The Federal Bureau of Investigation (FBI) is exploring whether singer Ryan Adams is guilty of a sex crime involving sexts to an underage girl. The FBI’s probe underscores that sex crimes can involve federal as well as state laws — and sometimes even the sex crime laws of more than one state for the same offense.
The New York Times reported that Adams allegedly sent thousands of text messages, often with sexually explicit content, to a girl starting in 2013 when she was 15 and continuing while she was 16.
Adams, age 44, has denied the allegations. But he could be in serious trouble. He has also been accused of sexual misconduct by a number of adult women in the music industry.
As NBC News reported, sexually explicit material in texts (known as “sexting”) or via Snapchat or Skype and involving an underage child could violate many state and federal laws, including those for child pornography offenses. (In Texas and in 30 other states, a minor is a person under 18 years old.)
What is child porn?
Under federal law, child porn is a video or photo depiction of a person under 18 engaging in sexually explicit conduct, which includes images of lascivious exhibition of the genitals or pubic area. It’s a federal crime for an adult to receive or distribute such pornographic images of anyone under age 18, as well as for an adult to send sexually explicit images of himself or herself to anyone under age 16.
While federal child porn laws apply in every state, individual state laws vary from state to state. In Adams’ case, obscenity or child porn laws in Ohio, where the girl lived, and in New York, where Adams reportedly was during some of the communications, also would apply.
What are possible child porn defenses?
One defense against sex crimes of this nature can be to claim that the defendant didn’t know the other person involved was under age. Adams reportedly asked the girl in texts if she was a minor and was told she wasn’t.
However, given the circumstances of a case, the context may refute a defendant’s alleged belief that a minor wasn’t involved.
For instance, if the recipient refers to getting his or her parents’ permission, that would indicate he or she is a minor, even without stating an age. Refusal to give an age when asked by the defendant also might be construed as hiding the fact that a person was underage, which should have alerted the defendant to the problem.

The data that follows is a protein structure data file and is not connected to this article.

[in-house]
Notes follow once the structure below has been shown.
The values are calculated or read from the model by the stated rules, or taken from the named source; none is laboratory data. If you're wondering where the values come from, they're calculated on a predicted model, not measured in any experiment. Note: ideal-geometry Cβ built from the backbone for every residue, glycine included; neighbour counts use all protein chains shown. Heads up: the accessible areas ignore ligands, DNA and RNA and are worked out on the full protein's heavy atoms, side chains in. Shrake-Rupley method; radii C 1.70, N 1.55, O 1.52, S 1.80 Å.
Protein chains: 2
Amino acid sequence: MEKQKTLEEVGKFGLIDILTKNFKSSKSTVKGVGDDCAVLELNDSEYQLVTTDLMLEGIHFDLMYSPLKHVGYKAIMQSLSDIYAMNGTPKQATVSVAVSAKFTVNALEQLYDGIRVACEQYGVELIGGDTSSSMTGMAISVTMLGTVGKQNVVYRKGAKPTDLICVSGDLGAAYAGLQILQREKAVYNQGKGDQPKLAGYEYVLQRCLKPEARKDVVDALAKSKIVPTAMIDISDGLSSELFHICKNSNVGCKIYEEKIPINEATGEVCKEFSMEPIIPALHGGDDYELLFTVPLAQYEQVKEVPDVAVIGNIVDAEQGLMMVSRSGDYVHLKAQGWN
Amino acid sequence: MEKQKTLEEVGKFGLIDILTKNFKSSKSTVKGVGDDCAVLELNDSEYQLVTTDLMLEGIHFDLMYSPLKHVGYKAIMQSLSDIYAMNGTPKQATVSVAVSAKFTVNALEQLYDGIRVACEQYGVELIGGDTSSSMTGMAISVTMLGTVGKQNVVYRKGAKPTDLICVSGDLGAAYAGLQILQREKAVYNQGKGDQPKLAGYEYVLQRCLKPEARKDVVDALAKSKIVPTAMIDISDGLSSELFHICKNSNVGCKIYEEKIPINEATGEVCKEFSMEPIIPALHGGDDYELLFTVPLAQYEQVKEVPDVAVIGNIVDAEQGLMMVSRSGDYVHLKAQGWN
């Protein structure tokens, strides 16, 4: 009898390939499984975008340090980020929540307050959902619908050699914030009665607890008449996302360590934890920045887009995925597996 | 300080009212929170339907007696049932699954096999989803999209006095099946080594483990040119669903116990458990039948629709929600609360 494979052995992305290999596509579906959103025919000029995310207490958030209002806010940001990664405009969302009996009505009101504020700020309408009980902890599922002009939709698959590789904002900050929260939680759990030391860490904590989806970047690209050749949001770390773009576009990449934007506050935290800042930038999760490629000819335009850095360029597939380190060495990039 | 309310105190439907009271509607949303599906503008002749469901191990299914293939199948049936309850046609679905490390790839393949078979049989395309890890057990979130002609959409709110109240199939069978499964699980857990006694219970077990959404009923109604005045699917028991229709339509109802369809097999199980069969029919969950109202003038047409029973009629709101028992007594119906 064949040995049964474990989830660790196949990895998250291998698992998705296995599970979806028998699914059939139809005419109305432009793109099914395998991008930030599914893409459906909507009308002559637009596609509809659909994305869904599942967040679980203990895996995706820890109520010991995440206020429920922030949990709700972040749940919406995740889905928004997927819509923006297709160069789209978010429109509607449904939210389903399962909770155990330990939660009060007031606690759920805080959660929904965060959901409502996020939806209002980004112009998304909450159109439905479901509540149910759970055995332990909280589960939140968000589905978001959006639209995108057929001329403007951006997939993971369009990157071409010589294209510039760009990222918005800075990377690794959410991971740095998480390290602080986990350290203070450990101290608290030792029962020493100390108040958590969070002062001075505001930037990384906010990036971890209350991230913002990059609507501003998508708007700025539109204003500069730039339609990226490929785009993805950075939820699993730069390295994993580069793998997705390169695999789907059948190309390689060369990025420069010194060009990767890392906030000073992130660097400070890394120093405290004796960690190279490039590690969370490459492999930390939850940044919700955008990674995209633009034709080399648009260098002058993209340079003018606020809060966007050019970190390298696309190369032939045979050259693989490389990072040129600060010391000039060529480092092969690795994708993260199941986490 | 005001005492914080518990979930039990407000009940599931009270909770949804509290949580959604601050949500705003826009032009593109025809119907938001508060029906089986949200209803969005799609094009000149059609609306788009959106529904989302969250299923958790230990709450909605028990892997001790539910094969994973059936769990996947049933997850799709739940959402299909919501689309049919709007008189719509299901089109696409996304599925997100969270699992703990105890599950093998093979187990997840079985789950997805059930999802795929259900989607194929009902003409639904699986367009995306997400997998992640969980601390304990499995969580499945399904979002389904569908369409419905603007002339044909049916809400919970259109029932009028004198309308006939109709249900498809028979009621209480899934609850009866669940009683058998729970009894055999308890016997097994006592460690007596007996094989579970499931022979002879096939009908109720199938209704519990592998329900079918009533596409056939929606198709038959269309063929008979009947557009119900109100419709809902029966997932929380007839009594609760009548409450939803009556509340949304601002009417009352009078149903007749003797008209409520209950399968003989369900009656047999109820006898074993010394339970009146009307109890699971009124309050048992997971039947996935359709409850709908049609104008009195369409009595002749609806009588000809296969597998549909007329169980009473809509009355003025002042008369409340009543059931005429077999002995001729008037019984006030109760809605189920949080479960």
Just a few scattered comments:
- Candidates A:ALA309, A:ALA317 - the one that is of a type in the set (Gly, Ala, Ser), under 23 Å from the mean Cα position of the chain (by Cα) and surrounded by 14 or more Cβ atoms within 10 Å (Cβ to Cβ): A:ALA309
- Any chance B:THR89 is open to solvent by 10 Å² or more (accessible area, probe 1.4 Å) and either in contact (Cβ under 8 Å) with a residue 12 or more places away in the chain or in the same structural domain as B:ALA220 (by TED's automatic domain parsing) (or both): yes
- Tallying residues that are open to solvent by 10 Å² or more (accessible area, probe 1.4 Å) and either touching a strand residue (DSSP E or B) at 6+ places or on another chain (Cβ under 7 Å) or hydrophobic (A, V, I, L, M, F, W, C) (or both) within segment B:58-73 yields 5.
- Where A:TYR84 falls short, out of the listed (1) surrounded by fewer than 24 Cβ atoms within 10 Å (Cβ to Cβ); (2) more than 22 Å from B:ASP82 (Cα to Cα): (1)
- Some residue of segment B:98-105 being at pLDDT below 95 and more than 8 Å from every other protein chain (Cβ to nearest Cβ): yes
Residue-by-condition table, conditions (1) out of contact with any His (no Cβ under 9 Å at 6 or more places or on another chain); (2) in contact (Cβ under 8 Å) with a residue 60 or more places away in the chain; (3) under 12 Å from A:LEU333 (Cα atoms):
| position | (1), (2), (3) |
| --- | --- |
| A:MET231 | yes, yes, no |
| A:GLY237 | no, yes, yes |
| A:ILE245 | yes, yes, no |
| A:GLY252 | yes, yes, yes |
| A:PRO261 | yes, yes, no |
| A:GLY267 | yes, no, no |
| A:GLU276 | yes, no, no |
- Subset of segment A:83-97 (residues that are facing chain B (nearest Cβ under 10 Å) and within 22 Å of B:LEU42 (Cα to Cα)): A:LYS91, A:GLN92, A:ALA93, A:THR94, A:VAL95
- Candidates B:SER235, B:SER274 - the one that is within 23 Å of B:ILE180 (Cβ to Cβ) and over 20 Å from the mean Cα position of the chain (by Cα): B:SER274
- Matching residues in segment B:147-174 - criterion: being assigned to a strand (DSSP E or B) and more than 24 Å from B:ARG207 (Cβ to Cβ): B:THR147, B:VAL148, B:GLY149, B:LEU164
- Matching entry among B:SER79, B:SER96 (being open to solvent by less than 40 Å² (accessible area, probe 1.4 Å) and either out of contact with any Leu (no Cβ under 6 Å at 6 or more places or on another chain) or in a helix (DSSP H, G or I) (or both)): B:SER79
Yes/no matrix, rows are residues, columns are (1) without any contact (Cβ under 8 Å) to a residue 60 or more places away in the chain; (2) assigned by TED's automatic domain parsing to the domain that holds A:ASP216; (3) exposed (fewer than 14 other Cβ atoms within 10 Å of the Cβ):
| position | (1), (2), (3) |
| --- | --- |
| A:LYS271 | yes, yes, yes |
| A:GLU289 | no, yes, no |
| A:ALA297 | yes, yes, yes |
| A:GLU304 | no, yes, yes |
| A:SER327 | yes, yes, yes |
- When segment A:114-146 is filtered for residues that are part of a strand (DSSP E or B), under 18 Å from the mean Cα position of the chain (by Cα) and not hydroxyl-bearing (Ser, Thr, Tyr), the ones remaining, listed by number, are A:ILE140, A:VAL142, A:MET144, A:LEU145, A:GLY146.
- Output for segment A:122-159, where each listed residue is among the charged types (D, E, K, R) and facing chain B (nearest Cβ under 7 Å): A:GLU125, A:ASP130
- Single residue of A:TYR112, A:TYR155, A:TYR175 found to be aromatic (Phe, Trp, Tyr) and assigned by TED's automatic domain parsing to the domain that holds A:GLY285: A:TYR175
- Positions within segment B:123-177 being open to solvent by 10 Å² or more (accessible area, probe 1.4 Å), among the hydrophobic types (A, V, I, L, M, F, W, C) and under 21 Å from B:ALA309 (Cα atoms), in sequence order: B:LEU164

Besides that, Texas law holds that not knowing a minor’s age is not a valid legal defense against a sex crime charge.
What happened to due process?
While it’s important to understand that social media can play a big role in sex crime offenses and can present many traps, it’s also important to recognize that in today’s quick-to-condemn environment fueled by the #MeToo movement, many persons are condemned by employers and the public before even having their day in court.
In Adams’ case, three music companies have already cut ties with the artist, and his upcoming album has been removed from its scheduled release.
As the recent case of TV talk-show host Chris Hardwick showed, an accused man may later be proven innocent of a sex offense, but only after damage such as lost jobs and lost income already has been inflicted.
Adams’ guilt or innocence has yet to be proven. But clearly, false allegations hysteria must be stopped.
Everyone deserves the due process of the law. Everyone deserves their day in court.
Everyone should be considered innocent until proven guilty.
If you face a sex crime charge, you must take this seriously, because sex crimes can carry severe punishments on both a state and federal level, especially when they involve minors. Contact us today at the Neal Davis Law Firm and get a free legal review of your case by an experienced Houston sex crime defense lawyer.
Your future may depend on it.